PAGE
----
Wollongong City Council should move towards a policy of “responsible investment” but only if it can get as good a return as currently, staff have recommended.
There had been calls for the council to remove its investments from fossil fuel industries and invest in environmentally sound and socially responsible shares.
Finance staff have now recommended council adopt a responsible investment policy – with one major catch.
“Responsible” investments should only be chosen if they produce an equal or greater return than the alternatives, a staff report recommends.
Making matters harder is that councils’ investment choices are limited by a state government order that they only invest in either direct term deposits with banks, bank bills, government bonds, or TCorp, the NSW Treasury’s investment arm.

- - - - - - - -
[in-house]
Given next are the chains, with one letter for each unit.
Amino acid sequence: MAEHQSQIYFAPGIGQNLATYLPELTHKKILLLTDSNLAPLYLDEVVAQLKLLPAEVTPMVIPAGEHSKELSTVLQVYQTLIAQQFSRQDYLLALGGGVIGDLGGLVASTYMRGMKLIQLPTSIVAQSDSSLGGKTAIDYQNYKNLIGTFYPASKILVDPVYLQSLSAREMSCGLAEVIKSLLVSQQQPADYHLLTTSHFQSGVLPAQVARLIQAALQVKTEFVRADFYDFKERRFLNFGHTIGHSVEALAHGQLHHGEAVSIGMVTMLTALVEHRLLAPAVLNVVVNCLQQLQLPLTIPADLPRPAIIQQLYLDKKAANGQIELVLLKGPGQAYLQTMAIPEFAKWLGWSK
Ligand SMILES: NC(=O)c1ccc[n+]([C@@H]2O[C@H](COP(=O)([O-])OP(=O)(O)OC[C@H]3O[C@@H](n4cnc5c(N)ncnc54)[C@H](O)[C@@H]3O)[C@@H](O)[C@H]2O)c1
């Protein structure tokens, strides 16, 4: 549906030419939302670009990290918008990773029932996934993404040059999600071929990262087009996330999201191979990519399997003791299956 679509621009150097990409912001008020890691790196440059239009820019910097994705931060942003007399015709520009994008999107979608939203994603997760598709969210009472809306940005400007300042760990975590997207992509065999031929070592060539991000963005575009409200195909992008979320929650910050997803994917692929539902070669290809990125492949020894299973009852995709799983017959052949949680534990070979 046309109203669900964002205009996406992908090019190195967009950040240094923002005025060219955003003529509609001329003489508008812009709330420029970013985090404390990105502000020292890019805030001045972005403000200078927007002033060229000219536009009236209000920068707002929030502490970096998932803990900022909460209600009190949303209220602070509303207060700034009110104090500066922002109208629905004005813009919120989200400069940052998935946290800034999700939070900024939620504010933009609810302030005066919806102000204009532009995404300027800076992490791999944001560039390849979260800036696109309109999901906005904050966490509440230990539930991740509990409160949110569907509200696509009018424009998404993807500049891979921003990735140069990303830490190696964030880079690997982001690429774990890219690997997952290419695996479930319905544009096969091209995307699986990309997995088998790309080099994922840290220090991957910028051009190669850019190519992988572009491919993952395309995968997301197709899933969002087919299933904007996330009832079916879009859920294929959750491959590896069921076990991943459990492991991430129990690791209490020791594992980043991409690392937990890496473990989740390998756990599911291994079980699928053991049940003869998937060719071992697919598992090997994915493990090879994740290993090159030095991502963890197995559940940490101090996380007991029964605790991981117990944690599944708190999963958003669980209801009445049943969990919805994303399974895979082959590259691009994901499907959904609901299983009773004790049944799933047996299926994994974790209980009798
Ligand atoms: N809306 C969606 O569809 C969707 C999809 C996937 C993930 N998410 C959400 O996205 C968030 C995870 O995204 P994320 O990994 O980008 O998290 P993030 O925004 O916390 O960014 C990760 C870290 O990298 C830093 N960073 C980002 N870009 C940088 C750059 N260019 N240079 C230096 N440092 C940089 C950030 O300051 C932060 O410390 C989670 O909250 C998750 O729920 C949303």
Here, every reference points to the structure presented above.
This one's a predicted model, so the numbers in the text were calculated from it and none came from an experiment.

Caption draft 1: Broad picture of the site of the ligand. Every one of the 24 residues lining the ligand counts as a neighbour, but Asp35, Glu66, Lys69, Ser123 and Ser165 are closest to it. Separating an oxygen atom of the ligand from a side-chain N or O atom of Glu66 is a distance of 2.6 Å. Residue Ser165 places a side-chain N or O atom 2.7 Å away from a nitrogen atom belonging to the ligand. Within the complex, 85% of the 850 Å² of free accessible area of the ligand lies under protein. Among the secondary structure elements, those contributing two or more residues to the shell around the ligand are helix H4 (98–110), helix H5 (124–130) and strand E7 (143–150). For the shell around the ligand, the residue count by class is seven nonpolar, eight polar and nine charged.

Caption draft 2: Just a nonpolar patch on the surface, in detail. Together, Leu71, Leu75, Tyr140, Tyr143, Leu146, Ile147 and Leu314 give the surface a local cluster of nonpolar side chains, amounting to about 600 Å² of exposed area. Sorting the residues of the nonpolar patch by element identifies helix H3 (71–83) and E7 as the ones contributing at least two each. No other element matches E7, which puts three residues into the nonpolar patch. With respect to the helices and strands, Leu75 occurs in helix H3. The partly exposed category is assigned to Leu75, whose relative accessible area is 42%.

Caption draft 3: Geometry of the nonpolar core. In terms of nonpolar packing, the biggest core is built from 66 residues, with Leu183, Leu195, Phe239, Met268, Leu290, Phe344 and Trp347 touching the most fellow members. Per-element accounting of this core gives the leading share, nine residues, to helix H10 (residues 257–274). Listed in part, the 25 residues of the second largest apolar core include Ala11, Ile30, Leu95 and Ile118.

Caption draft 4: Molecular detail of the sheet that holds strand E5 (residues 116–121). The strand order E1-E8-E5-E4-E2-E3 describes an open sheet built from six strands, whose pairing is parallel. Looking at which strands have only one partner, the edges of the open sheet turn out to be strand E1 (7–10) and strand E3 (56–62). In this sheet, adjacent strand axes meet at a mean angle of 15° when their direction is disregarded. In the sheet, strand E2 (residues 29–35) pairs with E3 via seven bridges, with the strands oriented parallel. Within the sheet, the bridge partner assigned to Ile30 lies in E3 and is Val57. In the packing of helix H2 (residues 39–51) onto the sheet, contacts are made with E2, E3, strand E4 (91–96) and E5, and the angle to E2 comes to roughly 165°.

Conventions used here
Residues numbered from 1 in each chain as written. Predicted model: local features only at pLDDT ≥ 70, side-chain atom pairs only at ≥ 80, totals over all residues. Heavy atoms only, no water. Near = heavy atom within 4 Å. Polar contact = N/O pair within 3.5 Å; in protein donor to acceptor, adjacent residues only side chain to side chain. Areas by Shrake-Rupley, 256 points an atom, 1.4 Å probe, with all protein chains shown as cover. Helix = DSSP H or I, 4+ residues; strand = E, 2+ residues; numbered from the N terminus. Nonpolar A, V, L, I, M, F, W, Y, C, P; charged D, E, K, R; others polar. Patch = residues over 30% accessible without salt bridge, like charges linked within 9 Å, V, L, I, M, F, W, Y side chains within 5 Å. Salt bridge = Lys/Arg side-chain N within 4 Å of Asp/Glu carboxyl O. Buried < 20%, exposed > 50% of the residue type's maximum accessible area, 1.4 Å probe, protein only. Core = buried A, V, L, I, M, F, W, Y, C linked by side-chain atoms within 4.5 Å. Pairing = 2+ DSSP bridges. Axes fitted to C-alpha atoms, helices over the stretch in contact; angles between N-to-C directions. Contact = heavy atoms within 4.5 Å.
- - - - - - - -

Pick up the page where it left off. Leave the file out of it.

The difficulty here is that Australia’s major banks have been tied up in fossil fuel industry investment, and have their own ethical issues.
Wilderness Society Illawarra spokesman Brian Mason, who had led the calls for WCC ethical investment, said it was a “welcome step” but council should act soon – and tell the banks why.
“The big four banks in particular remain integrated with the polluting industries,” Mr Mason said.
“The Commonwealth Bank is a particular offender.
“Recent studies have shown that there is no substantial difference between the earnings of ethical investment portfolios and traditional investments. In fact we may now have hit a tipping point where the risk of having investments stranded in declining industries like thermal coal is a real problem.”